Rare Disease UK



Rare Disease UK e-newsletter - Summer 2012

* If you cannot view this email properly, or access the links, you can read it online at - www.raredisease.org.uk/news/summer2012.htm *

Dear Member,

Sorry it has been a while since you last had a newsletter from us, although during the past few months I hope you feel that we have been in regular communication with you as there have been lots of things going on, not least the public consultation on the UK rare disease plan!

Please continue reading for a summary of things we have been working on and news from our members. If there is anything you would like us to include in the next newsletter, please get in touch.

Best wishes,

Stephen Nutt - Executive Officer

 020 7704 3141

Please click the links below to skip to the relevant section, or continue to scroll down:

Updates on our recent work

UK Rare Disease Plan

New member of RDUK team to investigate issues around research and care coordinators

Event brings together key stakeholders to promote NIHR rare disease research

Access to medicines in Scotland

Work underway to establish a Cross Party Group on Rare Diseases in the Scottish Parliament

Debates on rare diseases at Westminster and the Welsh Assembly

The new NHS Commissioning Board

News and requests from our members

Global Research in Paediatrics (GRIP) Project is looking for participants

Paralympic gold medallist urges people to sign up to the Fight for Sight Carrots NightWalk

The British Thyroid Association - iodine deficiency in the UK

The Hypermobility Syndrome Association has a new Chief Medical Advisor

Members’ events

Thyroid Eye Disease Charitable Trust Patient Information Meeting

Latest members

Updates on our recent work

UK Rare Disease Plan

As we're sure you all know, the public consultation on the UK rare disease plan closed on the 25th May. RDUK issued four separate responses aimed at each of the UK’s four health departments. Please click on the links below to read the responses:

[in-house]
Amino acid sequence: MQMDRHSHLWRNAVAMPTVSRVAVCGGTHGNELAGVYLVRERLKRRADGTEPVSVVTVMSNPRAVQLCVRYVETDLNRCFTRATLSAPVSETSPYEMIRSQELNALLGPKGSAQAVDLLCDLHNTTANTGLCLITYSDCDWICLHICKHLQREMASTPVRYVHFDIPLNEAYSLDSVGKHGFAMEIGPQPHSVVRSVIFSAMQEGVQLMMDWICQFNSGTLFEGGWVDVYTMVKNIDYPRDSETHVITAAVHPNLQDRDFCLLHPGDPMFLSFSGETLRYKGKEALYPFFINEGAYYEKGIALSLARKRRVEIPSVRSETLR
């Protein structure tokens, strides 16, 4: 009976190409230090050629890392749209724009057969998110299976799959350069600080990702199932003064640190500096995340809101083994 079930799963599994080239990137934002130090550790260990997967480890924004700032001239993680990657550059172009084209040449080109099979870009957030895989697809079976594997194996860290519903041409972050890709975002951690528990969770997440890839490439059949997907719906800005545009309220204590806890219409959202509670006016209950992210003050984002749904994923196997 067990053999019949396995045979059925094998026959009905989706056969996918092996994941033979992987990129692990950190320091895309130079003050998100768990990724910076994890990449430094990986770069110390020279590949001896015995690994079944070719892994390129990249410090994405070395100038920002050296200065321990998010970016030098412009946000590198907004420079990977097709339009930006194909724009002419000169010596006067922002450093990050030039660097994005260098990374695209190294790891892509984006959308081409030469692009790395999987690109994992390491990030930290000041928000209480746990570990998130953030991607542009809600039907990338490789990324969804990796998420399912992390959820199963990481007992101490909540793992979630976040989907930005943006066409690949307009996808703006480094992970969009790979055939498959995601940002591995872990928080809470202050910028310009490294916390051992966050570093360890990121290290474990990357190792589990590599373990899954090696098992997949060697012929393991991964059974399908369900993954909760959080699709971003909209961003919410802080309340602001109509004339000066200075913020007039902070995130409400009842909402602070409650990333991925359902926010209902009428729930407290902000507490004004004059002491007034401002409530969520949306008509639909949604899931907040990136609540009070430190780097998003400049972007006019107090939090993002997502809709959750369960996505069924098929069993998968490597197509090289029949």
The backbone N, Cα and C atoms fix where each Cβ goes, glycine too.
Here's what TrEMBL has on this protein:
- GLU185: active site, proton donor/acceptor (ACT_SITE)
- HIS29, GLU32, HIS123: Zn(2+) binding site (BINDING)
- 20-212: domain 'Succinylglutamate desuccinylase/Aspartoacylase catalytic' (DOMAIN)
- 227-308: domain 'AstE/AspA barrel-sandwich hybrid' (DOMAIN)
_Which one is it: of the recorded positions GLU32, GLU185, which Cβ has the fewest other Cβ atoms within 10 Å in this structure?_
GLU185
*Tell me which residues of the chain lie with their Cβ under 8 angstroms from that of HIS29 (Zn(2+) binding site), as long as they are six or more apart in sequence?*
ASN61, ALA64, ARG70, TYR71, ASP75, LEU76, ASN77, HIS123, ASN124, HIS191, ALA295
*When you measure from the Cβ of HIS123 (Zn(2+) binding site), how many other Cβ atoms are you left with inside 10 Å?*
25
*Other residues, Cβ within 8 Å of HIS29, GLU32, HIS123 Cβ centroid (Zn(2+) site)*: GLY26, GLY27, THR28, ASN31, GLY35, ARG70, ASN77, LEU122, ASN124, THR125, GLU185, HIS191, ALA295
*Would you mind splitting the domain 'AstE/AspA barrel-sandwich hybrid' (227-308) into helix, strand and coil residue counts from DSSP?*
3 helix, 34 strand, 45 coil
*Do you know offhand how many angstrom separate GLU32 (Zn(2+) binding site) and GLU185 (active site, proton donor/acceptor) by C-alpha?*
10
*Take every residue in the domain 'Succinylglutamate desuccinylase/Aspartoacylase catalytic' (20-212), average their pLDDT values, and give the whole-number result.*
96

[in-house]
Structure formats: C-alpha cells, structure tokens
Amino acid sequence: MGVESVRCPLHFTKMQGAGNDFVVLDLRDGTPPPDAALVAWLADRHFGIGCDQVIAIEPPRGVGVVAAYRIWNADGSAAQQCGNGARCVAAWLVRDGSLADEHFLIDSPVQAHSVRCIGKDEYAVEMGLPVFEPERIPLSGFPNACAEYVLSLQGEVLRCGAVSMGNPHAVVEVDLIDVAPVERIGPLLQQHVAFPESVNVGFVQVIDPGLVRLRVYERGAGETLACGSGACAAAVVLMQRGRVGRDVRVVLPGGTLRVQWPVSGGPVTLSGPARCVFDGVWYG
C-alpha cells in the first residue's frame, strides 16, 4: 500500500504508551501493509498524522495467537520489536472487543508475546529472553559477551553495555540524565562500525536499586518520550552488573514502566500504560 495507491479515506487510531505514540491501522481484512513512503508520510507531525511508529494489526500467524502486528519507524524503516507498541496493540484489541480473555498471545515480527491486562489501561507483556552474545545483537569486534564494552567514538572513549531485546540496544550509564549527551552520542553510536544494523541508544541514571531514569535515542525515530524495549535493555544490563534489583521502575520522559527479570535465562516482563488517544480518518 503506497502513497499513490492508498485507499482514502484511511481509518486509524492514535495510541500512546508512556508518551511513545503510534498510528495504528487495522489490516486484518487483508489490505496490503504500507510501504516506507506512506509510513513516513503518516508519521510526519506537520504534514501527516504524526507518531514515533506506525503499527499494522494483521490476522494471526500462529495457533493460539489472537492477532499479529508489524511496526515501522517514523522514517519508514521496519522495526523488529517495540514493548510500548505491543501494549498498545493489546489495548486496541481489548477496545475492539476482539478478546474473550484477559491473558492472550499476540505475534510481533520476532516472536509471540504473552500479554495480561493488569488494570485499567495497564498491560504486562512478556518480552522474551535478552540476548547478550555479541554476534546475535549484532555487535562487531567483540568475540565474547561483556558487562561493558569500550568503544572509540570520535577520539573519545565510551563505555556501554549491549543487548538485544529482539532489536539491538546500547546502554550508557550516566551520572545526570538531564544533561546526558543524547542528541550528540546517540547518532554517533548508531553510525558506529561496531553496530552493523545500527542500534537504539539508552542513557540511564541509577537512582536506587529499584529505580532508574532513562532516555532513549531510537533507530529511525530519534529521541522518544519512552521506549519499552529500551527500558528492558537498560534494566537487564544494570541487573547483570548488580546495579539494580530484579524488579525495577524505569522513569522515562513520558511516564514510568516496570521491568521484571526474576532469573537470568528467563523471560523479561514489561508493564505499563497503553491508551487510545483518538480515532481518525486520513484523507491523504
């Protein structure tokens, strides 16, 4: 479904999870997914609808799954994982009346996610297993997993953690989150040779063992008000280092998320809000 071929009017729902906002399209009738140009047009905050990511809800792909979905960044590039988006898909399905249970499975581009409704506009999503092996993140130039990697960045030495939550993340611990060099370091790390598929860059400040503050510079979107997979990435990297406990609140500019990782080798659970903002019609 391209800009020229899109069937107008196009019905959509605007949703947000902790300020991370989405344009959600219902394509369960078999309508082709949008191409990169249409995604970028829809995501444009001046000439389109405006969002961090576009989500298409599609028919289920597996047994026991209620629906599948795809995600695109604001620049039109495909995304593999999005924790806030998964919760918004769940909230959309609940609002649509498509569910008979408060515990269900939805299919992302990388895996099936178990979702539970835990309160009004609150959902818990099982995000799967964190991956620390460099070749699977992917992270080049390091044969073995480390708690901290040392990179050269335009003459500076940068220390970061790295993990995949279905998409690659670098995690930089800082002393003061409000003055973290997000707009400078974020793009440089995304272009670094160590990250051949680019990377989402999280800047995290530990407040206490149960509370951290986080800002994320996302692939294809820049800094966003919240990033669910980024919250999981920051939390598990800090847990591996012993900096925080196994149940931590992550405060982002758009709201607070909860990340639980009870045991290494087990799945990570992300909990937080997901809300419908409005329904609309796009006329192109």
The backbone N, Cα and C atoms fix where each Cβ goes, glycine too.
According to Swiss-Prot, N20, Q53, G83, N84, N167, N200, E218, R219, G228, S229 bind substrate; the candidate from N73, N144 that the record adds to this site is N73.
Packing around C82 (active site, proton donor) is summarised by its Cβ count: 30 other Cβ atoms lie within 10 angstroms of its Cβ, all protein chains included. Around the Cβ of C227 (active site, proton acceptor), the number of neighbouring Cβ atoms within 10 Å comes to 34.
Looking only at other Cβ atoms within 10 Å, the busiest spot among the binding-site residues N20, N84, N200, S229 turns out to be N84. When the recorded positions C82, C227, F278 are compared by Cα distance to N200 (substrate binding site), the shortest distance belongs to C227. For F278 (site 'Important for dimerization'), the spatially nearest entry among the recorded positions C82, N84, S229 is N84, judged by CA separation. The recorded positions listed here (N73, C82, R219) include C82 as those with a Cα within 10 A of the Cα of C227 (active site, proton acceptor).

Response to the Department of Health - England

Response to the Health and Social Care Directorate - Scotland

Response to the Department of Health and Social Services - Wales

Response to the Department of Health, Social Services and Public Safety - Northern Ireland

At this stage we haven’t heard any news from the health departments regarding their next steps, although we have recently written to each of the health departments to clarify this and we hope to meet with officials to discuss this further in the late summer.

Our responses to the consultation were informed not only by the work we have done in the past, including our report ‘Improving Lives, Optimising Resources: A Vision for the UK Rare Disease Strategy’, but also by the feedback we received from you during the consultation process. A key element of gaining this feedback was the four stakeholder engagement events we held at the beginning of May in London, Edinburgh, Cardiff and Antrim. Thank you to everyone who attended and contributed to these events and made them such a success. A full report of our activities during the consultation period can be read here.